When I started meditating, I thought that meditating was a magic activity. If I could do it right, I thought it would connect me with the Great Mystery, reveal my true nature, develop wisdom, and give me inner peace.
All I had to do was was follow its inscrutable rules and mysterious instructions.
I would sit with my legs crossed (in lotus if I could stand it). Spine erect but supple. My hands in special positions. I would release tension over and over, trying to reach an unattainable zero-point tension level. I thought each instruction held an invisible key that I hoped would get me closer to the Divine.
But with all my attention to my body, did it actually help my meditation? Not if the point of meditating is to learn about your mind instead of looking like the cover of a meditation magazine.
Sitting for meditation doesn’t need to be complex or physically taxing. Your posture should support your practice, not distract from it. For beginners, it’s often best to start simple.
Is There a “Right” Way to Sit for Meditation?
While there are many different instructions about sitting, there are two common themes that show up again and again in many different traditions.
The first is that you should have a firm, balanced base. Whether you are seated in a chair or on a cushion, you should feel grounded and stable. Your weight should feel balanced.
And the second common instruction is to have an erect spine. Slouching is discouraged. It feels uncomfortable and makes your attention a lazy. Some techniques are quite strict about this. For others, it’s more of a guideline.
But other than being grounded and having an erect spine, the rest can vary wildly. Hands facing up or down. Eyes open or closed. Legs in lotus or not. Gaze downwards or forward. Some instructions are quite strict while others are more forgiving. There are many different spins on the right way to meditate.
So why is it important?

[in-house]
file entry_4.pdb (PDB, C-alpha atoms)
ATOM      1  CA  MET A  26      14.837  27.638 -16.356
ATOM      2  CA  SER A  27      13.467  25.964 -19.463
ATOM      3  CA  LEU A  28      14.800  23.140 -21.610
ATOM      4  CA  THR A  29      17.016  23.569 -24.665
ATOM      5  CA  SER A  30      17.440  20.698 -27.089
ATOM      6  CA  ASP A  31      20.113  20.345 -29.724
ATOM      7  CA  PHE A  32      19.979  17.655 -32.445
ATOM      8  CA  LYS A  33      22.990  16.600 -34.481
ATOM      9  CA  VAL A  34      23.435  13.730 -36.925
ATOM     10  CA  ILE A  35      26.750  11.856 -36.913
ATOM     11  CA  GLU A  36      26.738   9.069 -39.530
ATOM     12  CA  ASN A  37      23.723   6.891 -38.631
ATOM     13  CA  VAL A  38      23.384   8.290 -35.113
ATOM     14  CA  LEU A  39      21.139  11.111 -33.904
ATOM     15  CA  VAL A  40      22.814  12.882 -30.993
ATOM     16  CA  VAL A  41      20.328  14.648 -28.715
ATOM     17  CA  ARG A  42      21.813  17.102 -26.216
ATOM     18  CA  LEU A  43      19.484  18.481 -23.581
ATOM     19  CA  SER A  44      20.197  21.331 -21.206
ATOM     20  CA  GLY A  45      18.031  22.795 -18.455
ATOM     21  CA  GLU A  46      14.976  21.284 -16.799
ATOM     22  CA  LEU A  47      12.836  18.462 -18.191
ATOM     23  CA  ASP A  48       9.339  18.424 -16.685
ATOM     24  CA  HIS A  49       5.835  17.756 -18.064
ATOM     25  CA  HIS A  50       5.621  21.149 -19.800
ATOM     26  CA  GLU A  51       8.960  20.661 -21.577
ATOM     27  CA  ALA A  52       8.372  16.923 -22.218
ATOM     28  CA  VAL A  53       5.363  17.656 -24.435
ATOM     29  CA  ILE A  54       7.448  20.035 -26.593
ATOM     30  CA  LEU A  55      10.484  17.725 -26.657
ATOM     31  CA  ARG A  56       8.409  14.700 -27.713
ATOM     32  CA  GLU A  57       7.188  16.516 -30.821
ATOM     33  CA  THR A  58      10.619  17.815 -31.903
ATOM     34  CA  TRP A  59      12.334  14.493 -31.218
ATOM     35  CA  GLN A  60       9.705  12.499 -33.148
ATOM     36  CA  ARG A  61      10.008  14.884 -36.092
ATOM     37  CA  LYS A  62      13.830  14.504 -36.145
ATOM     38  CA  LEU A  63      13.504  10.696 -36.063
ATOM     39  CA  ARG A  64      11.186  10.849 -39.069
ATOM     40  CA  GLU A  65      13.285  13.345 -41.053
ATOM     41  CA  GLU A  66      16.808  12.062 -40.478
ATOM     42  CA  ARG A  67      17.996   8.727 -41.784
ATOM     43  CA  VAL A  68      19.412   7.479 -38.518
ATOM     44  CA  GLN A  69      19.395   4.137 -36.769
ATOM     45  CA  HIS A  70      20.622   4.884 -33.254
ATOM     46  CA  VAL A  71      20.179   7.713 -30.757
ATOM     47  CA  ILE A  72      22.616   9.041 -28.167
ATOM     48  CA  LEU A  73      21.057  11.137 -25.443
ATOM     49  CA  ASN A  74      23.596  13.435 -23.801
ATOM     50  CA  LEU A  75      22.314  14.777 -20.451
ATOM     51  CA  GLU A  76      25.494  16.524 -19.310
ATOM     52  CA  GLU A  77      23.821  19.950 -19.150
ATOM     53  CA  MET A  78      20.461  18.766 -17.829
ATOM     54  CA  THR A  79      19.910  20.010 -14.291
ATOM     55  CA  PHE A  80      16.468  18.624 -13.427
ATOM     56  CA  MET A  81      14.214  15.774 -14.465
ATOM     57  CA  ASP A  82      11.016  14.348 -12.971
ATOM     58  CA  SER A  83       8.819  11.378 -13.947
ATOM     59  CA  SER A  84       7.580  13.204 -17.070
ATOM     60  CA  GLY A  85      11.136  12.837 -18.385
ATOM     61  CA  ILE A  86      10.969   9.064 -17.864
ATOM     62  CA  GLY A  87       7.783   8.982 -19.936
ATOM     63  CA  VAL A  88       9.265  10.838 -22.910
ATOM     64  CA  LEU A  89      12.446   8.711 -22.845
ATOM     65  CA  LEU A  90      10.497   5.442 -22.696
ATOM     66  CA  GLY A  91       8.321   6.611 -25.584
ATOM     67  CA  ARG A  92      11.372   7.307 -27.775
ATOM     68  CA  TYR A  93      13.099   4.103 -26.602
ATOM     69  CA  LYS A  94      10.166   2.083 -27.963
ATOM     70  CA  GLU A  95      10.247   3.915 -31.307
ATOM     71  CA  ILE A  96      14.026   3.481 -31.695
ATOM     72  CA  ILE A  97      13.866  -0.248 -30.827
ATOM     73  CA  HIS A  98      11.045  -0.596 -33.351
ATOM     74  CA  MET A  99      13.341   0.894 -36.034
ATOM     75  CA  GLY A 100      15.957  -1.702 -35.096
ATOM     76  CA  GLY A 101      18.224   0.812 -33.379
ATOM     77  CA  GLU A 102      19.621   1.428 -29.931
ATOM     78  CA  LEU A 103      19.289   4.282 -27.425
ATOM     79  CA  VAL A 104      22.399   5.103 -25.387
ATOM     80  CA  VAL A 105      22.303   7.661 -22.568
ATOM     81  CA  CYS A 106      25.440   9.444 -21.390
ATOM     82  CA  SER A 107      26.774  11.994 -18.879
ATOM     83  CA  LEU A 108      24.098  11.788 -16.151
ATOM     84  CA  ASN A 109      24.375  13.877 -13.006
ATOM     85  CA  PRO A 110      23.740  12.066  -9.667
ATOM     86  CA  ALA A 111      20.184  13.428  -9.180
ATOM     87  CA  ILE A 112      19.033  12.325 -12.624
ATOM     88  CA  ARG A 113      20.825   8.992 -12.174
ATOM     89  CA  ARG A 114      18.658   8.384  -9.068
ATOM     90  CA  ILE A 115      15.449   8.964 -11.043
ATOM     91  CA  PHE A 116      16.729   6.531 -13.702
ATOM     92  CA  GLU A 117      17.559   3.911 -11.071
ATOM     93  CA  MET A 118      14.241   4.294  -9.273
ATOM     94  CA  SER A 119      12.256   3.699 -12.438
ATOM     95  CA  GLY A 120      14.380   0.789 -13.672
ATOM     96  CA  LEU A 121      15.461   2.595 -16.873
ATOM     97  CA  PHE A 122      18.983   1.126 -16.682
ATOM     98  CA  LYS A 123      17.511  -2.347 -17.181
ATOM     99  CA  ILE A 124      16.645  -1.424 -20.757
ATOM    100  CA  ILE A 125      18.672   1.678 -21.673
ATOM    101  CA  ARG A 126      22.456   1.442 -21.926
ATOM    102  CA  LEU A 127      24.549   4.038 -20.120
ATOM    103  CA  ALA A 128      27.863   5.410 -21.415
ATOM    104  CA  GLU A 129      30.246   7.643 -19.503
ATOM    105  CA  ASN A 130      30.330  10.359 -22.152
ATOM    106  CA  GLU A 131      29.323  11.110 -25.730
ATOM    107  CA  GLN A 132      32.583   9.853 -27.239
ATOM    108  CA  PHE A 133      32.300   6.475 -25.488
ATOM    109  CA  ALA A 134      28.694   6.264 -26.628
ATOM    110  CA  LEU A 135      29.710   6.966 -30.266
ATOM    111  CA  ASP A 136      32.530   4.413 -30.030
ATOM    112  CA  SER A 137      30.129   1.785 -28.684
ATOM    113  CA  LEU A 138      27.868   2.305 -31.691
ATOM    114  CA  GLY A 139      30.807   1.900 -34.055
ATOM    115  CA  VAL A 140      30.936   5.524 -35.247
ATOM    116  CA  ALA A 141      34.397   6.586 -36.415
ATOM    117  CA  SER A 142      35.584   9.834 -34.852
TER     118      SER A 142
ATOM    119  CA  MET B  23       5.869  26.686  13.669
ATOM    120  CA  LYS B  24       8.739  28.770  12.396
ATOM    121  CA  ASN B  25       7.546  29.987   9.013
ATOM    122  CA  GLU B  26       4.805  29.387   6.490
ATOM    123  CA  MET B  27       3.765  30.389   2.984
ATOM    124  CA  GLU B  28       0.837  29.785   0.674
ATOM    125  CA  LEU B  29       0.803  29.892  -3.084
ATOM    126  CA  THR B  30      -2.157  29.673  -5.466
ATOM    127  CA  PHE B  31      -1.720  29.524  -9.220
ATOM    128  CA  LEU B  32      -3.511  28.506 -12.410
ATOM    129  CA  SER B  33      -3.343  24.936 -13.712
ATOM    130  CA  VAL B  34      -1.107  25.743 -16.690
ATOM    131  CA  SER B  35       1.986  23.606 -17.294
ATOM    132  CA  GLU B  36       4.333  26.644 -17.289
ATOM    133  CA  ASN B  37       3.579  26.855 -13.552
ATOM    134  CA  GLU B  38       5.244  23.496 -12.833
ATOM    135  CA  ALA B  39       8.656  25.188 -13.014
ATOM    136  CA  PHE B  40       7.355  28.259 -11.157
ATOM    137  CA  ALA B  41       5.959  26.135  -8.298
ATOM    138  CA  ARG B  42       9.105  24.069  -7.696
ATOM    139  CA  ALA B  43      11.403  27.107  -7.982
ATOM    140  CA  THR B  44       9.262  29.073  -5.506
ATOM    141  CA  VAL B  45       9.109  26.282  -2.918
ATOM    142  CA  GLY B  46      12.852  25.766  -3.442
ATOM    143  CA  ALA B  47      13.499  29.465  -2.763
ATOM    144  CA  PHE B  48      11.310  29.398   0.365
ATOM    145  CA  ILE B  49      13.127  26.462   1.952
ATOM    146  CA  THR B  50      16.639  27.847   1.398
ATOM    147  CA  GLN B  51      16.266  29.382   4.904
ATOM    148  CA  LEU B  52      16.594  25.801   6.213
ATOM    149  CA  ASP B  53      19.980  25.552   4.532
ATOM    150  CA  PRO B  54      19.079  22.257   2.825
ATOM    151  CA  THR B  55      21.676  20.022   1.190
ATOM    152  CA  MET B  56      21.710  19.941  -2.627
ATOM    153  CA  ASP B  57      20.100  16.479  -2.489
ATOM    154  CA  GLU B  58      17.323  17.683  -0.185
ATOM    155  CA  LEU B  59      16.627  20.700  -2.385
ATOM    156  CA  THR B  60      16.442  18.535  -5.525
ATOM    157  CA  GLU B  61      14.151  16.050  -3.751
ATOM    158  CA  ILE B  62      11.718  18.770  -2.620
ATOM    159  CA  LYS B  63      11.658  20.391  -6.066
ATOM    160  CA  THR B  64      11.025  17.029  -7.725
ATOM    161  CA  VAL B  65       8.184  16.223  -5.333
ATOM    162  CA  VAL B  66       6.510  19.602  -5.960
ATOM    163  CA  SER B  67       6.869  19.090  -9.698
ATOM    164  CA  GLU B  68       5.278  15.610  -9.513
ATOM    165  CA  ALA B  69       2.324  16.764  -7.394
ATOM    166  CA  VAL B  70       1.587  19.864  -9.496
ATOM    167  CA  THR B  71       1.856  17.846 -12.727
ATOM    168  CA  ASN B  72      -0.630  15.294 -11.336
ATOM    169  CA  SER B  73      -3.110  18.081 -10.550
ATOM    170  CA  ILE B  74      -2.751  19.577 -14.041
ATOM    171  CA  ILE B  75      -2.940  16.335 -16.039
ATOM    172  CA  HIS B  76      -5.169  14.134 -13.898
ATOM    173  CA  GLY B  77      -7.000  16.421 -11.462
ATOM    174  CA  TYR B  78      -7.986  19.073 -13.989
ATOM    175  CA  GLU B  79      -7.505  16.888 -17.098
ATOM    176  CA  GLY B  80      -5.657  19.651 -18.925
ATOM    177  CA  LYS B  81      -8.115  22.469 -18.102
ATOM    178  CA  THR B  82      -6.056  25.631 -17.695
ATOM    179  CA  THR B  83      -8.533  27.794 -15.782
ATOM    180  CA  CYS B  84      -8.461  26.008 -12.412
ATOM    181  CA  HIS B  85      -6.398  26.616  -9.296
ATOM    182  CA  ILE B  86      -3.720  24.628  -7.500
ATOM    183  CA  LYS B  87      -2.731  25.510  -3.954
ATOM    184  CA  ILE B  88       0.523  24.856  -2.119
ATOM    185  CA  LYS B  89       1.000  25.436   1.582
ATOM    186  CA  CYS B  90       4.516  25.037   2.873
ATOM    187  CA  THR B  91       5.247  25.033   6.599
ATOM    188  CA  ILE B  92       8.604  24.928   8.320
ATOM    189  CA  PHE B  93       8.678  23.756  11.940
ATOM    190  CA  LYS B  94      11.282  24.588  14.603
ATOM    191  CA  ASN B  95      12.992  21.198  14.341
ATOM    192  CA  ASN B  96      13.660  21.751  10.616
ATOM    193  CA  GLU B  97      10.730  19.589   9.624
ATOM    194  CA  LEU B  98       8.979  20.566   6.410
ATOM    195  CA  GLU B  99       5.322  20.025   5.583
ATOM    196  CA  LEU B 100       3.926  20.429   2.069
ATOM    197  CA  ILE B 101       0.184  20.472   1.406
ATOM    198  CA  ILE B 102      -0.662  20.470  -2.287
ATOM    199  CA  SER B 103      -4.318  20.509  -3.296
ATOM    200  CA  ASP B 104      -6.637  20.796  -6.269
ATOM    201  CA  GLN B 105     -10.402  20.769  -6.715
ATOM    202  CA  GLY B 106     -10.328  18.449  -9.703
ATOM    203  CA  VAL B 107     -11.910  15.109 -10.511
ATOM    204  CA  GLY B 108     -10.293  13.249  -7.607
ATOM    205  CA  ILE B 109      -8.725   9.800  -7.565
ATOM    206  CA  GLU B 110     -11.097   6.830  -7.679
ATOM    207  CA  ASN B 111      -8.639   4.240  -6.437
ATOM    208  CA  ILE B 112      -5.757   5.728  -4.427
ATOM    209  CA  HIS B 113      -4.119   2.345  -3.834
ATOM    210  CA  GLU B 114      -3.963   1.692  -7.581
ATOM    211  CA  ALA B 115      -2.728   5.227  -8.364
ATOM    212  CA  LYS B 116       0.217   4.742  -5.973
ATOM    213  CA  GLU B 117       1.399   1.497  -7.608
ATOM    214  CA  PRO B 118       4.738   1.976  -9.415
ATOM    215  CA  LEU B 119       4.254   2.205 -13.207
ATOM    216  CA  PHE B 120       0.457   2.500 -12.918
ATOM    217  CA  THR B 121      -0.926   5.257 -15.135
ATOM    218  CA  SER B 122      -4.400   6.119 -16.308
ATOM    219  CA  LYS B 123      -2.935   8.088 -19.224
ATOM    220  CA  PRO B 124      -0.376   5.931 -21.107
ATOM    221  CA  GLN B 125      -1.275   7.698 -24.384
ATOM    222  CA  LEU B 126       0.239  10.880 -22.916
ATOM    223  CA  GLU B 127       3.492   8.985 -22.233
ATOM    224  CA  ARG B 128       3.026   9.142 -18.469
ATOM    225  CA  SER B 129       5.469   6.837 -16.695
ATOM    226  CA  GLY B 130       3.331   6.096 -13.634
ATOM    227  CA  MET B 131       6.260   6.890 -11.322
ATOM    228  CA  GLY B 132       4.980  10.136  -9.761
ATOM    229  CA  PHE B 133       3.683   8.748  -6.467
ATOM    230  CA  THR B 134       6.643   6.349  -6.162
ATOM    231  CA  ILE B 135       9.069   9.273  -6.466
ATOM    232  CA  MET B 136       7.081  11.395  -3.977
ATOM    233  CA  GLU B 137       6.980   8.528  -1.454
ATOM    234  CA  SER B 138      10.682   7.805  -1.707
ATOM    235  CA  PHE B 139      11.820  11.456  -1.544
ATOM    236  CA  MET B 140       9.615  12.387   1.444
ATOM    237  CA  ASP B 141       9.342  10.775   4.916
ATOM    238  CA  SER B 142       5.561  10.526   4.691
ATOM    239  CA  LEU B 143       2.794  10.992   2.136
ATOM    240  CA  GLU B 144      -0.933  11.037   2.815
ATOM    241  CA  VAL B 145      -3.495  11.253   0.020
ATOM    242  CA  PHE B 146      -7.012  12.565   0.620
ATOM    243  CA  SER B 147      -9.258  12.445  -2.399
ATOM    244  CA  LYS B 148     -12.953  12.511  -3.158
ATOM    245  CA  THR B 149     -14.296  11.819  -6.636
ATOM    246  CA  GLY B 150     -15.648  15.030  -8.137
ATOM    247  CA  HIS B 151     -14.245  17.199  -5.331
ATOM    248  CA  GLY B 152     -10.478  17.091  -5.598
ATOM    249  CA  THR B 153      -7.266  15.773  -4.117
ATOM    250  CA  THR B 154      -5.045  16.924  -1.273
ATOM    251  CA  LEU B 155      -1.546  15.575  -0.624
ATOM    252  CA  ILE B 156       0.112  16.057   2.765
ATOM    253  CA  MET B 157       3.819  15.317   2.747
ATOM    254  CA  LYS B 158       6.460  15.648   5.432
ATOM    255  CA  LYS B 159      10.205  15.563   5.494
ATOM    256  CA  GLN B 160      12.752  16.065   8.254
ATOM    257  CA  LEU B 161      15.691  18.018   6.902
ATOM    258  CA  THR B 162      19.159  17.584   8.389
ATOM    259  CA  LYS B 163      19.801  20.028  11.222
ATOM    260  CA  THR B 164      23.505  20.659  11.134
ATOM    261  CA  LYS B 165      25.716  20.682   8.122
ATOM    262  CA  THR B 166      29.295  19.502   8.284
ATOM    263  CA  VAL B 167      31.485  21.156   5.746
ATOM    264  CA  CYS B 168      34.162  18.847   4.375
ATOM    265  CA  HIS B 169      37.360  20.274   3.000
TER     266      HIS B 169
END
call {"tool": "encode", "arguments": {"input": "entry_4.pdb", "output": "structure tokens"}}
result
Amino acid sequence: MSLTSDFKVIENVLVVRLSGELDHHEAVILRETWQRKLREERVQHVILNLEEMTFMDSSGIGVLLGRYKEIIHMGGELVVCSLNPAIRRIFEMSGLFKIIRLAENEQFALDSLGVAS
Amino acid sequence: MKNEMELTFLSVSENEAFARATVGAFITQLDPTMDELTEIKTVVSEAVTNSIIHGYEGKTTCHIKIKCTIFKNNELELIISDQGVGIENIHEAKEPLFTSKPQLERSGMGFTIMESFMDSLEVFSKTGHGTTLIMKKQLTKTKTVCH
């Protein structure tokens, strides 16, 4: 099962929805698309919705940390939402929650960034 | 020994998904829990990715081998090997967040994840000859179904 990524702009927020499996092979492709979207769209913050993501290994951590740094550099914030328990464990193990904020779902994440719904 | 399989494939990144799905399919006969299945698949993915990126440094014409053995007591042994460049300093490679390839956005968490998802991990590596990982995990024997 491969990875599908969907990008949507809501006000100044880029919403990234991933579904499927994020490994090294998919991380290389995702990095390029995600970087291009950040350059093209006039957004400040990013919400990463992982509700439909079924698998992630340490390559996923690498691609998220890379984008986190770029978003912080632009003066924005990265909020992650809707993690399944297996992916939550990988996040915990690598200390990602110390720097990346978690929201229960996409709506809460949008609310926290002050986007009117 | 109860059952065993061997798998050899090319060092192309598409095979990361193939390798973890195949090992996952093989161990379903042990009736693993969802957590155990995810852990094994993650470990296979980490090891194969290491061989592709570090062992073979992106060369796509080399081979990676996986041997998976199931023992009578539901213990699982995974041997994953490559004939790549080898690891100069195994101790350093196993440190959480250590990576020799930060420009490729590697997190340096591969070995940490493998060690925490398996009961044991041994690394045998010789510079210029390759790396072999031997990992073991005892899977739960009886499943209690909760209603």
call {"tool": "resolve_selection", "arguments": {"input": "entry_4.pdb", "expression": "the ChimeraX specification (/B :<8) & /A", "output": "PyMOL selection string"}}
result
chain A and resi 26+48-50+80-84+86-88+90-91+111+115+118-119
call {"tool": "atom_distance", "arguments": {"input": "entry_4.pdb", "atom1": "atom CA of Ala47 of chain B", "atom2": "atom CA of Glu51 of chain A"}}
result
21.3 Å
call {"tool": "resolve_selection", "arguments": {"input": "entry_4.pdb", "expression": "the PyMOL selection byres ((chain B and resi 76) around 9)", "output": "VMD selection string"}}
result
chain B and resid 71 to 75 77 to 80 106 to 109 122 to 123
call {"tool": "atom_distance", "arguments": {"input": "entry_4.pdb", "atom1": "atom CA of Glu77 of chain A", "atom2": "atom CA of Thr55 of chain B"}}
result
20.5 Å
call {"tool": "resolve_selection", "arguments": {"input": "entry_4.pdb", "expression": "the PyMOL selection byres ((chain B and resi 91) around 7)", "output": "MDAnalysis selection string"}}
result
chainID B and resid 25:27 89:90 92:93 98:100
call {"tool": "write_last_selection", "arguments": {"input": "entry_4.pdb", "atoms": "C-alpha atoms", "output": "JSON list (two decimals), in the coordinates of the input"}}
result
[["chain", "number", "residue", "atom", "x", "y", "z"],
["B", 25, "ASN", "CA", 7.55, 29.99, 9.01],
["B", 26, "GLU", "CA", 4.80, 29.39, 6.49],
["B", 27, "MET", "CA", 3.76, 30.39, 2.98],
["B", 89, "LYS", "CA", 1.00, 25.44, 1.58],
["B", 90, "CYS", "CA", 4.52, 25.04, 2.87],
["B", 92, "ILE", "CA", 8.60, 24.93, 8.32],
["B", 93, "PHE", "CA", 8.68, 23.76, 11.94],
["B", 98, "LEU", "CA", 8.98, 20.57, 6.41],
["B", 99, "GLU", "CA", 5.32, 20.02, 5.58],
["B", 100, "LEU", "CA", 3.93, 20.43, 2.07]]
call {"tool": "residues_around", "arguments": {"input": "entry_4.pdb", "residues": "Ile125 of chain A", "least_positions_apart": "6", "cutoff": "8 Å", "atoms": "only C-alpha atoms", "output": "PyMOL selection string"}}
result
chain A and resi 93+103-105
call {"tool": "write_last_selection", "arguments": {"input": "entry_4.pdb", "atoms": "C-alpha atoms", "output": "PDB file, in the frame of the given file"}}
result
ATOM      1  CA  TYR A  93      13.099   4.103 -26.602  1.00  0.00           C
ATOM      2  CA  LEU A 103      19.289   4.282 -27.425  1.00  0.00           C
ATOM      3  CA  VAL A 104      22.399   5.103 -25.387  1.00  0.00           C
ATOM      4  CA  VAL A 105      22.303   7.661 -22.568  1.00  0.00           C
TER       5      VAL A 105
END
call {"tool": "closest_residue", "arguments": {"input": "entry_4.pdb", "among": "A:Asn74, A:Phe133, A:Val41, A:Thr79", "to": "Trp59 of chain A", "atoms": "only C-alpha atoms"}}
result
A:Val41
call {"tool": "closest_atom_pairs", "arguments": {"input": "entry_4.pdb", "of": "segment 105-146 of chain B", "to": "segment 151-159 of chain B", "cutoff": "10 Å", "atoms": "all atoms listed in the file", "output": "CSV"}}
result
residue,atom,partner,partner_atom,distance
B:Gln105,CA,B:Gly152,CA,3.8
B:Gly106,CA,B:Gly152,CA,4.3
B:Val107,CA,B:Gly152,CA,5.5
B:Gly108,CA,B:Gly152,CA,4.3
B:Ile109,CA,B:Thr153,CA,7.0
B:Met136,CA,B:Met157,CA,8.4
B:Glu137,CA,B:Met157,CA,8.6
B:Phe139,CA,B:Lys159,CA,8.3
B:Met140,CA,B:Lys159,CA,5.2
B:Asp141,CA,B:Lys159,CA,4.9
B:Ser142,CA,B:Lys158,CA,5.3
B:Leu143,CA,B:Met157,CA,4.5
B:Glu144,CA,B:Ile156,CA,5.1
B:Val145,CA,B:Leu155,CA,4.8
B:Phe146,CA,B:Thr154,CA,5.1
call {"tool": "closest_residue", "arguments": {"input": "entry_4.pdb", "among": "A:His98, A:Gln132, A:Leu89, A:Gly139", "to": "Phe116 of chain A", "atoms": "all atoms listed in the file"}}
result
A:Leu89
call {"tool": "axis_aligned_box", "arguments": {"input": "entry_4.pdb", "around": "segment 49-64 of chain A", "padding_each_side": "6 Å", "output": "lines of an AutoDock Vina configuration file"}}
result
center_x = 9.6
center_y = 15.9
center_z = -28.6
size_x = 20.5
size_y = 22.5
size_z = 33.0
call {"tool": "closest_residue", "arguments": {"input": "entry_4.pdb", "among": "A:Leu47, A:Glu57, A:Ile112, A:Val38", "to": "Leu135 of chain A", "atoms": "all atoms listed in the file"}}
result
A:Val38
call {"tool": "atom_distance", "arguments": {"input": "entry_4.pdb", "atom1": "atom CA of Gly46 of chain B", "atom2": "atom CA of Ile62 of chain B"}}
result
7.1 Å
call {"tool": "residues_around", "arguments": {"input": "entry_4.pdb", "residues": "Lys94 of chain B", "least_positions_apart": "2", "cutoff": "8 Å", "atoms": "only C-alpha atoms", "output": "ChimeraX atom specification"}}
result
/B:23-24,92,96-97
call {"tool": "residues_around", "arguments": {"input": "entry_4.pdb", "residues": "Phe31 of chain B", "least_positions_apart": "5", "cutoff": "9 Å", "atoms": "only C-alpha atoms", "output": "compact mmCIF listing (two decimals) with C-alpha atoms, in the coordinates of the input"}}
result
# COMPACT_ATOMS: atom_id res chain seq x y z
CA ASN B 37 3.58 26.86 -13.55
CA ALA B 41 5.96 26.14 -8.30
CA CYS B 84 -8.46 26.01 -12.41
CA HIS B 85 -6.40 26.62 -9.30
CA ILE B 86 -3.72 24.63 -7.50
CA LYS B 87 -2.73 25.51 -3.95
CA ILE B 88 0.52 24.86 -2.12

The biggest reason to use a special meditation posture is to help build your meditation practice. The posture is designed to minimize distractions. By organizing your body, it helps calm and organize your mind.
In addition, using the same position day after day helps your mind to automatically know how to settle down. It’s a little Pavlovian. Sitting in the same position every time you meditate is a direct signal to your mind that “now it’s time to meditate”.
And the last reason many traditions suggest using particular positions is that it helps balance your energetic body. Some traditions are quite exact on this point. For example, they’ll instruct that certain hand positions create different effects in the body. While opinions vary about these effects, many people believe that your body is more prepared for meditation in a balanced, grounded position.
Ultimately, meditation can happen any where and in any position. But as a good, common sense guideline, a formal mediation posture makes it easier to meditate.
How to Sit in a Simple Meditation Posture
- Find a comfortable position on a cushion or in a chair. If you are on a cushion, have enough height below your hips so you can sit comfortably without needing to hold yourself upright. If you are on a chair, have your feet flat on the floor in a balanced, even way.
- Allow your spine to be soft and erect.
- Place your hands in your lap, either palms down on your legs or open to the sky.
- Let yes head point forward and slightly down so you’re not jutting your chin.
- Close your eyes or leave your eyes open, gaze soft.
That’s it. No hocus pocus. Nothing mysterious. Take a position that is both balanced and comfortable–bonus points if you use the same position every time you meditate.
Common Questions about Sitting for Meditation
Do I have to sit in lotus?
No! Any comfortable position for your legs is fine. If you are on the floor, you can sit cross-legged or with your knees bent so your feet are beside your hips. Placing a height beneath your hips (a pillow, cushion or yoga block) can help if your back is sore or hips tight. If you are in a chair, place your feet evenly on the floor.
Do I have to buy a special meditation cushion or bench?
No. Some meditation traditions use special meditation cushions or benches. If you like them and they make you feel more comfortable, they can be a good tool for your practice. But if you want to sit on a regular pillow, yoga block, or chair, that is fine too.
What if my back hurts?
Sometimes it’s easiest to start with a support for your back. You can sit in a chair or against the wall so you’re not struggling to stay upright.
There’s nothing complex about sitting for meditation. Find a balanced position and begin.
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